There were some limitations to this study. First, all participants were required to undergo coronary angiography at a single tertiary center, which could induce referral bias, and which may have influenced the prevalence of CAD. Second, this study is not a protocolized study because it is conducted with retrospective analysis, thus, it is difficult to sufficiently correct the selection bias and adjust time dependent variables. In particular, the lack of standardization in follow-up echocardiography time could lead to unfair findings. Accordingly, this study limits the ability to make conclusions on the causal effects of CAD on ventricular function or outcome in HFpEF patients. Therefore, well-designed, prospective studies are required to confirm our findings. Third, the definition of CAD was only based on angiographic appearances, which are well-known to be inaccurate, not by physiologic assessment. Finally, not all patients received follow-up echocardiography and stress testing. Among the total 555 patients, stress test was performed in 274 patients, and follow-up echocardiography were performed in 165 patients who received stress tests. Patients with follow-up echocardiography in those received stress tests seem to be too small to draw conclusive findings. Hence, a large-scale prospective study is needed in the future.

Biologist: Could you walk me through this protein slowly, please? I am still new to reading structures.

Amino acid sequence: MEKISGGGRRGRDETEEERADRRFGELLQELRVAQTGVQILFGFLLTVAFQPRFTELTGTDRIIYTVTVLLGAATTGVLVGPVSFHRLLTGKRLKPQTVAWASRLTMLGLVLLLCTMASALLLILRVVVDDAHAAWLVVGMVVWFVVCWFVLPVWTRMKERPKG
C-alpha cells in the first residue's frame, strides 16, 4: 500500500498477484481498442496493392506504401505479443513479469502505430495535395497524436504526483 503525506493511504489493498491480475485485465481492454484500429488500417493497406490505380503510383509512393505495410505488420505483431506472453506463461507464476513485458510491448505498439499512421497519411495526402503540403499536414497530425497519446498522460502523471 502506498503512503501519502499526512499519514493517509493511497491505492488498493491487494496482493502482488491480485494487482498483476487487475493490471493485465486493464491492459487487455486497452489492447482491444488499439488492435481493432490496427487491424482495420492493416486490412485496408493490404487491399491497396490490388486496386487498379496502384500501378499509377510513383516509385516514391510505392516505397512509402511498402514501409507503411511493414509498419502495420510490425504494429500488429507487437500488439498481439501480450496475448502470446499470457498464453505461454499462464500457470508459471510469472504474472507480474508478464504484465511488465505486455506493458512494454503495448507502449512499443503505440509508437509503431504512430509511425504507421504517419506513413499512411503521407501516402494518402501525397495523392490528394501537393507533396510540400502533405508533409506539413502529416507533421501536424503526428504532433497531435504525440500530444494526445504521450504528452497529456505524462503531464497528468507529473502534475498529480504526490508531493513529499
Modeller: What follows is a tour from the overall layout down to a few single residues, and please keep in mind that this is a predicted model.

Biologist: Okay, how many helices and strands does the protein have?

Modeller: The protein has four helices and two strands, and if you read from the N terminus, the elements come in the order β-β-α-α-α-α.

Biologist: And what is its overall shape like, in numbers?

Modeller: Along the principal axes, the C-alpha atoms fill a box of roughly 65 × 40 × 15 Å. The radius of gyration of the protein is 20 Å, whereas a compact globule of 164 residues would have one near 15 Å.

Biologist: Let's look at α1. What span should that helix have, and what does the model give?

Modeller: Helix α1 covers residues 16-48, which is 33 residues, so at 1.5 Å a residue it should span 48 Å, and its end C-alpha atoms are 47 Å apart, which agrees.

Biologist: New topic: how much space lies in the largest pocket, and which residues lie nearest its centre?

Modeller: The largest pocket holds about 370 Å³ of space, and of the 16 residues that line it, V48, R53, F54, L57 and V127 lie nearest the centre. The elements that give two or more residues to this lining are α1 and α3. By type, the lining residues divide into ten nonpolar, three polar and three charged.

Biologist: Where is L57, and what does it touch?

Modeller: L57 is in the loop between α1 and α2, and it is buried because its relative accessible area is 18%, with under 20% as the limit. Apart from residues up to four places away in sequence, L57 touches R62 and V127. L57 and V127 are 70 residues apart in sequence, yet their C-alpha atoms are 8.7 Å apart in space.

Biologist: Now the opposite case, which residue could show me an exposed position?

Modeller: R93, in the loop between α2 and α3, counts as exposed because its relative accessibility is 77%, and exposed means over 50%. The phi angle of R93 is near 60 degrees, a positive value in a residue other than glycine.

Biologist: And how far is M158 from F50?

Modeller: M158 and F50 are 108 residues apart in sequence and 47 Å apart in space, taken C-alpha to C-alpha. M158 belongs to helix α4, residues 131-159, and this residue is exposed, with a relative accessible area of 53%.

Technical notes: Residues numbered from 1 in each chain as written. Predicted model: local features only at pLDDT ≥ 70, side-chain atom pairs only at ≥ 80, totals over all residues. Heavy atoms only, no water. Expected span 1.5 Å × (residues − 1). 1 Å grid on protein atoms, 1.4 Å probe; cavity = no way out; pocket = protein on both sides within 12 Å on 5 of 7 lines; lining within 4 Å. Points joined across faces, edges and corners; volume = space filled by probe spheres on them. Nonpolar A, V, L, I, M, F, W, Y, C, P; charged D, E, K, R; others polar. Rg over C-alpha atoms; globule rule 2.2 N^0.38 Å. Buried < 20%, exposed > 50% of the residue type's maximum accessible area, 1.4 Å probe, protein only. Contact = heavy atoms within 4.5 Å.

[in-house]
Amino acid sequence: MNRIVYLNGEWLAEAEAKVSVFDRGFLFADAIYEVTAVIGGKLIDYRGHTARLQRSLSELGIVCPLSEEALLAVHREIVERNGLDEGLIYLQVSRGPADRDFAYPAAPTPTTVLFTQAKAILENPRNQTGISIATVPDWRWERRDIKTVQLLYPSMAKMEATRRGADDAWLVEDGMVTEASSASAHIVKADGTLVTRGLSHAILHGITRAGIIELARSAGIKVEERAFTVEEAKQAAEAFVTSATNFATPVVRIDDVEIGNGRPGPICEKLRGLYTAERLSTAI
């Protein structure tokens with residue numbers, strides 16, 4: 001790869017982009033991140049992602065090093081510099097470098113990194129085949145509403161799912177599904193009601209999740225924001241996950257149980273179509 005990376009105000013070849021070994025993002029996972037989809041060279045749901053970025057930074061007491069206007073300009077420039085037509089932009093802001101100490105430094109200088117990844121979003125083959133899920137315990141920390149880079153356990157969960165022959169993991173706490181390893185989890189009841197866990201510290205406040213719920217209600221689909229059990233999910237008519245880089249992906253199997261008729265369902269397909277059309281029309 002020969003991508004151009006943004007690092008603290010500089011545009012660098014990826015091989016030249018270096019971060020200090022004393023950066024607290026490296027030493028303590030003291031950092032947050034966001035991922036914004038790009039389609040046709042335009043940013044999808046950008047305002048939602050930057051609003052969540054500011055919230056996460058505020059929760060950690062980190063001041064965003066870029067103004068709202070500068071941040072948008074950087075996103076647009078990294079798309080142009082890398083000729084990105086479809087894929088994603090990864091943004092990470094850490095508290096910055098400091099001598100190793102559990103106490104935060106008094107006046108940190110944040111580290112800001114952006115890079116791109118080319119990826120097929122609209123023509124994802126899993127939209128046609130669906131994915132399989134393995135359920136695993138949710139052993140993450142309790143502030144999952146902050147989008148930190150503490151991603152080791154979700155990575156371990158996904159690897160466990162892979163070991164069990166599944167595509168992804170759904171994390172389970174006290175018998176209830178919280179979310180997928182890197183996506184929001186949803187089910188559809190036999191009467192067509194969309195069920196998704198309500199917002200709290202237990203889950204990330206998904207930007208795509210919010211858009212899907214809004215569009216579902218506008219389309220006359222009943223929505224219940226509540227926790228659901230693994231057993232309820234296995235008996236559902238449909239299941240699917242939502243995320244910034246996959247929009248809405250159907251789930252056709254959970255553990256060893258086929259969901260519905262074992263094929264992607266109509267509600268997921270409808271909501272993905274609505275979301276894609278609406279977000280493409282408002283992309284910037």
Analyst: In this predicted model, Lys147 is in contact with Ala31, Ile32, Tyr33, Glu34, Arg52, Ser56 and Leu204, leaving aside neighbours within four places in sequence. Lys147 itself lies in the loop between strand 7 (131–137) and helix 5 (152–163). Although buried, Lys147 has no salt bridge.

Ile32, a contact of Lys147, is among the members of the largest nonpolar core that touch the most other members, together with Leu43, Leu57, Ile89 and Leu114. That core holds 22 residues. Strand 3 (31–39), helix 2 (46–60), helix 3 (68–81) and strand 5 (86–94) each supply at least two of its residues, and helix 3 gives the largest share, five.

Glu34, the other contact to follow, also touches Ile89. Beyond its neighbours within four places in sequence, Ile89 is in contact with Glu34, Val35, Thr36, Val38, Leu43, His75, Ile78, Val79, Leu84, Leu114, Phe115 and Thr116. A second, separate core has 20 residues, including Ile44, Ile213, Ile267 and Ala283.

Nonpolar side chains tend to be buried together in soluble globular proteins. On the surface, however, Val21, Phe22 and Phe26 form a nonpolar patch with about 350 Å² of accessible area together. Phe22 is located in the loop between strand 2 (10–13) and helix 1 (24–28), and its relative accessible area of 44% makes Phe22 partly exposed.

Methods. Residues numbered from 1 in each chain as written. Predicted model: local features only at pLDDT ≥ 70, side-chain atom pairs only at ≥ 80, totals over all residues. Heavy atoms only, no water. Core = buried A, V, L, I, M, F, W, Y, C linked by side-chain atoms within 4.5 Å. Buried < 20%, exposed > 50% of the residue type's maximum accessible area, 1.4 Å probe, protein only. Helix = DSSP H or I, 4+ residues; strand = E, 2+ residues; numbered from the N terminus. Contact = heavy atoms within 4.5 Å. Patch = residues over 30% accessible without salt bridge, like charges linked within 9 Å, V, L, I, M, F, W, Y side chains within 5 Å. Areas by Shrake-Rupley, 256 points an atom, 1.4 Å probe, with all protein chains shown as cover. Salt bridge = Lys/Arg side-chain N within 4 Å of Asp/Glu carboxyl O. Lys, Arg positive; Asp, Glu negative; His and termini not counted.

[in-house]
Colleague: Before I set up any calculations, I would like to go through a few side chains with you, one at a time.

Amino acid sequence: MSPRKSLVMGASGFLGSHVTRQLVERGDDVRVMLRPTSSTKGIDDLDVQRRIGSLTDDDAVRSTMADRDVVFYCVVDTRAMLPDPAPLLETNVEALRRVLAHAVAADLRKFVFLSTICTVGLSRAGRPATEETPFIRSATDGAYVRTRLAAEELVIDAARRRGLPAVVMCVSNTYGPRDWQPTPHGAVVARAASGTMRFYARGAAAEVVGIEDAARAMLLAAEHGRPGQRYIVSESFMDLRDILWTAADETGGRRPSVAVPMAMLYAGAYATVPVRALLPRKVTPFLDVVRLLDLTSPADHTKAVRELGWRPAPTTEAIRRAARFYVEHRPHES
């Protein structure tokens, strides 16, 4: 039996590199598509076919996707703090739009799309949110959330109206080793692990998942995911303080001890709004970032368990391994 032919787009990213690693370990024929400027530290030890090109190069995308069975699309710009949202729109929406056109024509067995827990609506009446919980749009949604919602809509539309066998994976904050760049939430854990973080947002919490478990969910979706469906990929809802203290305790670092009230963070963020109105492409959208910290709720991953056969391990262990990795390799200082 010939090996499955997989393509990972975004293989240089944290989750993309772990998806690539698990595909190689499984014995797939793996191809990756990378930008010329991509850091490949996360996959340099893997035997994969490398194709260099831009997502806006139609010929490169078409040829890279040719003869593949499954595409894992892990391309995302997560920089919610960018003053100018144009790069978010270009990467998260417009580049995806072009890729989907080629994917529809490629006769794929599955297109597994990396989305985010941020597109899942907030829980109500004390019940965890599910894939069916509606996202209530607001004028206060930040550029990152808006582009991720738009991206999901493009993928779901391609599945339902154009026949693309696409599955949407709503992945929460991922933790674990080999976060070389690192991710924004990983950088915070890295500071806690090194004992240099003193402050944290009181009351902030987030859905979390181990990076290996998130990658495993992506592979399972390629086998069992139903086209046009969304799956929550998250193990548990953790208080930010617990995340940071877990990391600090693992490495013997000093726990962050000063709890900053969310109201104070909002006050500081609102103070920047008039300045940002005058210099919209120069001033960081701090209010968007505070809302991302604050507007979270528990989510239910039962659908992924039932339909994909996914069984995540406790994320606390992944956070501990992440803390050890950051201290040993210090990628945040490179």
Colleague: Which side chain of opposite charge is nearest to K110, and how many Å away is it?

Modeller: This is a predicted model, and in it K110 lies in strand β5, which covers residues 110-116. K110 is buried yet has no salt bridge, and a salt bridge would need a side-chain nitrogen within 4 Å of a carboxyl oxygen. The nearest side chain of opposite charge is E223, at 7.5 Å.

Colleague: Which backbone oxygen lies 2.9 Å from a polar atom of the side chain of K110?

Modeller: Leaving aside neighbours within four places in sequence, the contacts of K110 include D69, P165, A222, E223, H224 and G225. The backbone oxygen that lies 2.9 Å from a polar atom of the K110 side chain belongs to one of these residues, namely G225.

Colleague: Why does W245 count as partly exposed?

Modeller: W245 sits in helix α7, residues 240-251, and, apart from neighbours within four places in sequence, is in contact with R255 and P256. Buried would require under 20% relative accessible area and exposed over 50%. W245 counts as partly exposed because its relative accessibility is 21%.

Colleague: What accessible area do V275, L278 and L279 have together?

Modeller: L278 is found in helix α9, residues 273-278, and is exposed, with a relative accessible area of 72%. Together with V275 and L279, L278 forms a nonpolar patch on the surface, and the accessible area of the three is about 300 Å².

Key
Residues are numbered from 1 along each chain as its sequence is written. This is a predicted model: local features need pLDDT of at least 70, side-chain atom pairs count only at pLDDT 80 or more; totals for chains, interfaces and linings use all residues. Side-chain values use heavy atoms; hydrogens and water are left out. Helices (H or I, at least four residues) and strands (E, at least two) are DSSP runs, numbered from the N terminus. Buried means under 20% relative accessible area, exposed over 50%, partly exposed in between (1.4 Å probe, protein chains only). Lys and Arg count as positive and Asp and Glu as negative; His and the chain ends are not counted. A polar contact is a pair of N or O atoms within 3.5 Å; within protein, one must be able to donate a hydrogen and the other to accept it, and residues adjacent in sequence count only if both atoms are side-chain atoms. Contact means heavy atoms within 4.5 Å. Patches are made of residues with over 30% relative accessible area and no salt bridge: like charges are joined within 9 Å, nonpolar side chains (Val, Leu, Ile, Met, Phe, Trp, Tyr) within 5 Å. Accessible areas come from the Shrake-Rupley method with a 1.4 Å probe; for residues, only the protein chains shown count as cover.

In conclusion, epicardial CAD was associated with greater deterioration in left ventricular systolic function over time, but not long-term mortality in invasively-confirmed HFpEF patients that received optimal anti-ischemic treatments. Furthermore, myocardial ischemia, represented by a positive stress test, may contribute to greater deterioration of diastolic dysfunction.

Data availability statement

The original contributions presented in the study are included in the article/Supplementary material, further inquiries can be directed to the corresponding author.

Ethics statement

The studies involving human participants were reviewed and approved by the Institutional Ethical Review Board of Samsung Medical Center (IRB File No. 2019-11-191). Written informed consent for participation was not required for this study in accordance with the national legislation and the institutional requirements.

Author contributions

All authors contributed to the conception and interpretation of data, drafting of the manuscript, revising it critically for important intellectual content, and final approval of the manuscript.

Conflict of interest

The authors declare that the research was conducted in the absence of any commercial or financial relationships that could be construed as a potential conflict of interest.